Don't forget, Mexicans driving Mexican plated cars cross back and forth everyday. They are allowed to drive a certain distance from the border on Mexican plates on the USA side. Did you know that? For you, once you are across,
you're home free.
If the Police pull you over you should have no problems if you are OUT of your home state. Once in your home state ... the cops may (depending on your state's rules) write you a ticket saying the bike must be registered in that state. (you can't do that) So best stay OUT of your home state ... or minimize you riding around on your bike. In a NON home state, you are just a tourist ... passing through.
Local cops won't know what to make of a Costa Rican plate, and as long as the plate and VIN don't show up as stolen on their computer, they will most likely wave you on.
If you have dual citizenship, then best show your "other" passport" from another country. Then for sure, cops won't hassle you.
If you sell the bike to someone heading South, they will need a Mexican
TVIP for the bike. The Mexicans require registration or title in the riders name. They want to see original copy. In this case, Photo Shop is your friend.
Once buyer is in Costa Rica, he can transfer title into his name ... may have to pay tax on the sale. Dunno.
There are several members on HUBB who are Costa Rica and Central American experts regards all this stuff. Ask for help.
That's the great thing about a cheap 125cc ... even if you can't sell it at the end of the trip and just give it away, you're only out less than you'd have paid for a typical motorcycle rental for two-three weeks.
If anyone in the states is interested in it. I might even deliver it to an eastern or southern state as long as not too far from airport.
For late august.
You'llhave to rride it back. If you have a few months and maybe five thousand dollars, maybe less, as that is$50 a day and my dorm today cost $7, a full tank cost $15for more than 500 km and here is $1 or $1.50 if it's a touristy place., you could do a nice trip.
I'll post an ad when I get some pics to put on there. Of the trip as that will sell it. So far Nicaragua has been beautiful and its just the start.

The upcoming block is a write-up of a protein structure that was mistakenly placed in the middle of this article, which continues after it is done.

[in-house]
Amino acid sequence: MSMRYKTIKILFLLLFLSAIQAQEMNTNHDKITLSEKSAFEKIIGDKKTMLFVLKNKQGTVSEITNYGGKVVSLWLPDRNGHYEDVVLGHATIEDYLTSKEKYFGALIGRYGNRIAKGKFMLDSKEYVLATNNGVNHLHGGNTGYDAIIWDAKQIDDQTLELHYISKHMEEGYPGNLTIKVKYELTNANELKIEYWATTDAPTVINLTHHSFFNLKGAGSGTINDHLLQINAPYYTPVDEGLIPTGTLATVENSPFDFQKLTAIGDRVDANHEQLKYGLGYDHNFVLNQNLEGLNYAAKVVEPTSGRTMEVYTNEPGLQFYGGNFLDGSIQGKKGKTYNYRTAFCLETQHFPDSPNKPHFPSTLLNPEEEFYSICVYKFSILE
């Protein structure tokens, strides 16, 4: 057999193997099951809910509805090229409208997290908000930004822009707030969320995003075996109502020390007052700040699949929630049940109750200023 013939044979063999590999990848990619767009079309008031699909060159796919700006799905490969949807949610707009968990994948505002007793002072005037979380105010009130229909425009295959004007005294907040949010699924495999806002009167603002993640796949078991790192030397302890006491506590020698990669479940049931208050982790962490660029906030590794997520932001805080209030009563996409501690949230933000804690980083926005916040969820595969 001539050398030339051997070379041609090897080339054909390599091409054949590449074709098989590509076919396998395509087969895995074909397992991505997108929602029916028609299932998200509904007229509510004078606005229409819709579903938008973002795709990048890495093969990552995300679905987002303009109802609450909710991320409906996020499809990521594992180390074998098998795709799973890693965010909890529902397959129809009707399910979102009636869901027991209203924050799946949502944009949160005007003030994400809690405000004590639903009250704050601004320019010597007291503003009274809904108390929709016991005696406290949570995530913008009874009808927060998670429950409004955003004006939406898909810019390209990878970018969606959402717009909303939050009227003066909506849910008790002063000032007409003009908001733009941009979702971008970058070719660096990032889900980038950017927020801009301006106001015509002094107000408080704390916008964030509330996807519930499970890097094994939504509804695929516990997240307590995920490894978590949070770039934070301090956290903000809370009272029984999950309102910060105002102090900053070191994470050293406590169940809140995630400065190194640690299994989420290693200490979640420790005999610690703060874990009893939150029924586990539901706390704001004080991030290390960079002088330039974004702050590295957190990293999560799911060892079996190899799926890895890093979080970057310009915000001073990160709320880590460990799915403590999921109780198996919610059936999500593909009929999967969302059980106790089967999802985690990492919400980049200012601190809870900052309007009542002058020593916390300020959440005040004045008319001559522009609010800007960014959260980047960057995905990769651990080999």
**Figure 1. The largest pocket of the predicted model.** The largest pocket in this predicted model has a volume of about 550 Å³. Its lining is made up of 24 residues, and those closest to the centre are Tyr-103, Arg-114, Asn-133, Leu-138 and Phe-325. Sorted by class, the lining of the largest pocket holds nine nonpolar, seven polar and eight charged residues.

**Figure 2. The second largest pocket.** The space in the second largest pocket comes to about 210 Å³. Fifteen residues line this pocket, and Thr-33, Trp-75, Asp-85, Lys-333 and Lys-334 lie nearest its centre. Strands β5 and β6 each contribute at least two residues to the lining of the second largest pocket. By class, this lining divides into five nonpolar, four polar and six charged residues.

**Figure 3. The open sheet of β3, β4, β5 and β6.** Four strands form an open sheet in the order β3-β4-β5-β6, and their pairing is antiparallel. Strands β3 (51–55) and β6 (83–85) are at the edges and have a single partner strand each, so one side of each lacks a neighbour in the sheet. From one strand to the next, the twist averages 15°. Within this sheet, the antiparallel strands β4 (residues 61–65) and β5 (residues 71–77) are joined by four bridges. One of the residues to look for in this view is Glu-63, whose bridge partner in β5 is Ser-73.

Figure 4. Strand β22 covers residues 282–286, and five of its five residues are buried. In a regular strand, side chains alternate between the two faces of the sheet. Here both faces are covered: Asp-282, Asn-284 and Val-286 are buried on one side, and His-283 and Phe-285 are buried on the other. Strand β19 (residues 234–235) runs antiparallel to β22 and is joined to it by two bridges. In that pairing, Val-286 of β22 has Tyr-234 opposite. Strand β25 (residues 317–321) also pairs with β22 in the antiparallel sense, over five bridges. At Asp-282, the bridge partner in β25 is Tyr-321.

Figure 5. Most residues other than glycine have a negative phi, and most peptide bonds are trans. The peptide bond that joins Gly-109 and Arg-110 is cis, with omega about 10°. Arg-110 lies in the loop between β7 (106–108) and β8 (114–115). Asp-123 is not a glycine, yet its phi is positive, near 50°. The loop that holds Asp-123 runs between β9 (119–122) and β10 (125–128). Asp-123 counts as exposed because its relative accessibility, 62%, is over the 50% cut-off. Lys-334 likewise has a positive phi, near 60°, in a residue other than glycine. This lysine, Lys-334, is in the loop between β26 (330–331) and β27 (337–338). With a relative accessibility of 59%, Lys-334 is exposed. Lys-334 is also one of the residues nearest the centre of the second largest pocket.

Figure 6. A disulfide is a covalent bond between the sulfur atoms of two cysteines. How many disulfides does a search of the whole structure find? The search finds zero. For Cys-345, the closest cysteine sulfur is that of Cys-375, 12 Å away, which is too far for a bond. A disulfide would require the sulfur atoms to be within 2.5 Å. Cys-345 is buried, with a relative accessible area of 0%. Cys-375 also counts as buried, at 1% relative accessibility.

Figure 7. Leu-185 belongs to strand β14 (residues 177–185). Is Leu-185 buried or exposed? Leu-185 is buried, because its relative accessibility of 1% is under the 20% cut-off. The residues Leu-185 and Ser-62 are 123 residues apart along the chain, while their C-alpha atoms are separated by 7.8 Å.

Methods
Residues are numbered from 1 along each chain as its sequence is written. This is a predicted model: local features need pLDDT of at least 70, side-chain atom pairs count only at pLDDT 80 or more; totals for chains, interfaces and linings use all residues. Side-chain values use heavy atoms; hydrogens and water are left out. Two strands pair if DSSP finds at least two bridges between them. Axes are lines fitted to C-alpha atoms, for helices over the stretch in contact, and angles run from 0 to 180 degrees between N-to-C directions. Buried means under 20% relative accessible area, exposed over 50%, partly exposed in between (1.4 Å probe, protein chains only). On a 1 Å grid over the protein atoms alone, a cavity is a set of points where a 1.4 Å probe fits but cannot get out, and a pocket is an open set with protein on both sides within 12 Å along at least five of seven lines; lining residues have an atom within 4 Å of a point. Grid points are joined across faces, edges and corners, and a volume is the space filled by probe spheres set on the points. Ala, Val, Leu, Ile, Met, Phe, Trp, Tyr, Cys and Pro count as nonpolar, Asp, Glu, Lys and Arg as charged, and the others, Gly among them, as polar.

Ok, the selling the bike sorted itself out when I was taken out by a cyclist in Guatemala.
So, I travelled Costa Rica, Nicuragua, Honduras, El Salavador and Guatemala with no border problems at any.
The collision happened near Quiche, Guatemala in the mountains. I don't remember what happened. I have a vague memory of thinking I was going to have an impending crash with a cyclist, then I woke up in the Ambulance (I remember getting out of the ambo to get to my bike because I knew they had stolen my small tablet I was using for GPS. I was told to get back in but I picked up my bag with my cards and passport then threw up and decided to forget the tablet and get back in)
Taken to hospital I got catscan and xrays, I had four stitches in my forehead where i faceplanted (even with helmet but the shitty one from CR), and some scrapes on my hands. I got hassled by the police about an hour later about hitting the cyclist. Apparently I needed to come in because I was motorised and he wasn't. They wouldn't accept my foreign insurance. The cyclist had been in my room hassling me about hitting him as a pedestrian, but in bad spanish I just told him he was riding not walking. He wanted Q10000 which is about $1300 US dollars. I had made a couple of friends with the Christian Missionary who was across the street as they were called when I was speaking English at the nurses (I was acting a bit irrationally too from the concussion). I told them that I was happy to pay a little money, but he was hardly injured just some bumps and I was far worse off and that I would pay like $20 which should cover his wage for a week. It seemed that the police were his mates. The missionarys ended up paying him off (they wouldn't tell me how much they just said help someone else out in need). He admitted to them that he was on his bike and that he had lost control when checking his blind spot and we had a head on (and I saw his bent front wheel which confirmed that).
I am glad that it all worked out. I would have felt bad for the rest of my life if he had been killed as I would never have known if it was my fault or not. Killing a breadwinner in a poor part of a poor country would of made me feel terrible and probably would have compelled me to pay his family for the rest of my life.
I got invited to stay with the missionaries which I accepted. I had nothing else to do (I ended up helping them with building houses for the poor which was really worthwhile), they had picked up my bike as well, its forks were bent so I must have come down hard. I ended up giving the bike to the mission as they looked after me for a week (and didn't even want to take anything for it), I had already figured with the damage now on the bike it might only be worth $500 (now with the scratches) if I got it back to Costa Rica, so I couldn't be bothered and my hand was hurting, so I just caught a bus and plane out of there. The bike is going to be imported and then given to a poor farmer, as its almost new that makes me feel good, the scratches won't be important to them. I left by plane with no problems at the border.
It was a very cheap trip. Even with the loss of the bike. The bike was doing 110mpg or 2.1L/100km most of the time. The service cost $14 including oil in Guatemala. Really if you don't ruin the bike and got it back to CR it would be cheaper than the bus/taxis. And hotels are cheap in most of those countries, like $15 a night often less. If you want a cheap adventure for three months I would recommend it.
I decided to come back and get work so am back in Australia at home. I was over travelling and want to save up again and do it in a bit again.